We sing it. But do we know the story behind “The Star-Spangled Banner?”
The national anthem is part of our identity. I have sung it innumerable times before big events or before a ballgame. I teared up the first time I heard it sung after 9/11, as well as when my oldest daughter sang it solo for the first time before a high school basketball game.
But what is not well known is that every time we struggle to get notes and words right, we are, in fact, asking a question. During our Fourth of July holiday, I hope we answer this question in our own minds and hearts.
Saving Baltimore and the bravery to endure
In September 1814, British warships unleashed a dizzying array of shells and rockets onto Fort McHenry in Baltimore Harbor. It was 25 hours of pounding.
This attack came only weeks after the British had attacked Washington D.C., burning the Capitol, the Treasury and the White House to the ground. The Port of New Orleans had fallen and the American Republic was at a tipping point during the War of 1812.
Who was Dr. William Beanes? A Baltimore physician imprisoned on a British war ship, he was the reason Francis Scott Key — a 35-year-old American lawyer — was dispatched by President James Madison to secure Beanes’s release.
Part of the agreement was that Key could not leave the ship until after the British attack began. Subsequently, Key watched the carnage unfold, and wrote a set of observations and questions that ultimately became the lyrics of our national anthem. He had a long time to think about the toughness of his country.
Given the large scale of the attack, he was certain the British would win. But in the clearing smoke of the “dawn’s early light” the following day, he did not see a Union Jack flying above Fort McHenry. Rather, it was the Stars and Stripes.
“[T]he rocket’s red glare” actually reported a new technology utilized by the British. The rockets would screech through the air, not with the purpose to inflict bodily harm but to scare the troops.
The other little-known fact is that the flag was enormous — a 30-by-42-foot garrison flag that took 11 men to hoist when it was dry.
The night that Key witnessed the shelling of Baltimore, it rained heavily. The flag would have been soggy and weighed over 500 pounds and snapped the flagpole. Fort McHenry flew a smaller flag during the night but raised the much bigger (and still dry) flag in the morning. That is the flag that Key saw and wrote about.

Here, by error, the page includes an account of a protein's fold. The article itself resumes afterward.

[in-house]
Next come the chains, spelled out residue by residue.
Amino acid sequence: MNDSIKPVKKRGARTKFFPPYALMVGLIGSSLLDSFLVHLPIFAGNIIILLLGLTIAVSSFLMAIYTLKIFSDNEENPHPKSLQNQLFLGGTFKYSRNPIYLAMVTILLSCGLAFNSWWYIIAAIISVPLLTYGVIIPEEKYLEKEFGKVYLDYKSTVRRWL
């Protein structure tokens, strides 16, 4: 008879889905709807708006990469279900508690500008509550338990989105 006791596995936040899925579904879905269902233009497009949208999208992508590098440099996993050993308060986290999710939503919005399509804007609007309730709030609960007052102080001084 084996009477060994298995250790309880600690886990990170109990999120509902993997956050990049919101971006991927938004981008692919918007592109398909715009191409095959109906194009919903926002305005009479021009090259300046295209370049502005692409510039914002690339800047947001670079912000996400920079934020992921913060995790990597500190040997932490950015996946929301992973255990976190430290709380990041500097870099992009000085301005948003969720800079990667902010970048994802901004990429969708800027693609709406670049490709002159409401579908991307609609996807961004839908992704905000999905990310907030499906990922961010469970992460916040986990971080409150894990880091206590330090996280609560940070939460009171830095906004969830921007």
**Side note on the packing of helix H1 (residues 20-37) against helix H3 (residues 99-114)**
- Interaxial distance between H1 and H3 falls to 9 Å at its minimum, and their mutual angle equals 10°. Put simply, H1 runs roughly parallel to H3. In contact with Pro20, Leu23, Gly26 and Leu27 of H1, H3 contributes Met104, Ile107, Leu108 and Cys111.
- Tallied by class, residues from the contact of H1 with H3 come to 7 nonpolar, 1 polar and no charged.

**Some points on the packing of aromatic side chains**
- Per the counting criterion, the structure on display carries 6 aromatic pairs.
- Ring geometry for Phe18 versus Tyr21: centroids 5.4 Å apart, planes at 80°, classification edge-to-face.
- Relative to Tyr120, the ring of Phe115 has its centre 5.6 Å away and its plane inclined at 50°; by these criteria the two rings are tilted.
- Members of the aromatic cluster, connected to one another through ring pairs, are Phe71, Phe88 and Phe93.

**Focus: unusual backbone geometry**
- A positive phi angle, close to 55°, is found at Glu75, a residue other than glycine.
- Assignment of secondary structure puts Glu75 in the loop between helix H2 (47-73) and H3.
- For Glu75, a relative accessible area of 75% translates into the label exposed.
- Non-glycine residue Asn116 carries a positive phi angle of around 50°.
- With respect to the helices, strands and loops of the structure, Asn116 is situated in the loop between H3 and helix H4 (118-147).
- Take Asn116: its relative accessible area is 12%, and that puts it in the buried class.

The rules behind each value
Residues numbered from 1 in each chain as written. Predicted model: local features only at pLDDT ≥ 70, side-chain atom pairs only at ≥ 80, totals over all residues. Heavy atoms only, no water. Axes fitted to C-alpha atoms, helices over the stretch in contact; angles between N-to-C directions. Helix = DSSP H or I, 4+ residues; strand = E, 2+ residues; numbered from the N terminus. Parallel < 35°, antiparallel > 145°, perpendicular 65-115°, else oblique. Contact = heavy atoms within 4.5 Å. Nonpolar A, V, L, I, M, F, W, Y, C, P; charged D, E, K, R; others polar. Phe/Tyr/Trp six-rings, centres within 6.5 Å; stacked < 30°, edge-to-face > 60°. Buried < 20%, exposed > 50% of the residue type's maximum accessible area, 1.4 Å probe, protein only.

The challenge in Key’s words
The anthem doesn’t merely point to the seminal moment of the flag flying after an evening of punishing attacks. It’s also a moment to reflect.
Are we still upholding the ideals embodied in the vision of America as “the land of the free and home of the brave?”
Originally titled “The Defence of Fort McHenry,” Key’s lyrics raised several questions around the nation’s commitment to survival. During times of great stress, would its men and women step up? These were not settled matters at the time. The British Empire was still trying to settle the score after the Revolutionary War.
The same question can be asked today, just as it was 203 years ago. At the dawn of each new day, can we successfully make our country a better place?
A century in the making
“Yankee Doodle” and “The Star-Spangled Banner” were two patriotic songs that emerged out of the War of 1812. Union soldiers sang “The Star-Spangled Banner” during the Civil War and the song’s popularity increased over the following decades.
President Woodrow Wilson signed an executive order in 1916 to allow the anthem to be played at military ceremonies. It was not until 1931, after 40 attempts to pass a bill in the United States Congress, that “The Star-Spangled Banner” was formally designated as the national anthem of the United States.
A brave and enduring republic
Over two centuries later, worn down by the years, the actual flag that inspired Key still survives. To preserve this American icon, experts at the National Museum of American History completed an eight-year conservation treatment.
To this day, “The Star-Spangled Banner” continues to resonate with our nation in different ways and reasons. It is more than just a symbol: it evokes powerful ideals and emotions about what it means to be an American.
How will we answer the question? Because we cannot be free if we are not brave. It is up to each generation to answer this call and take inventory of our hearts and minds every time “The Star-Spangled Banner” is sung. Happy Fourth of July to all!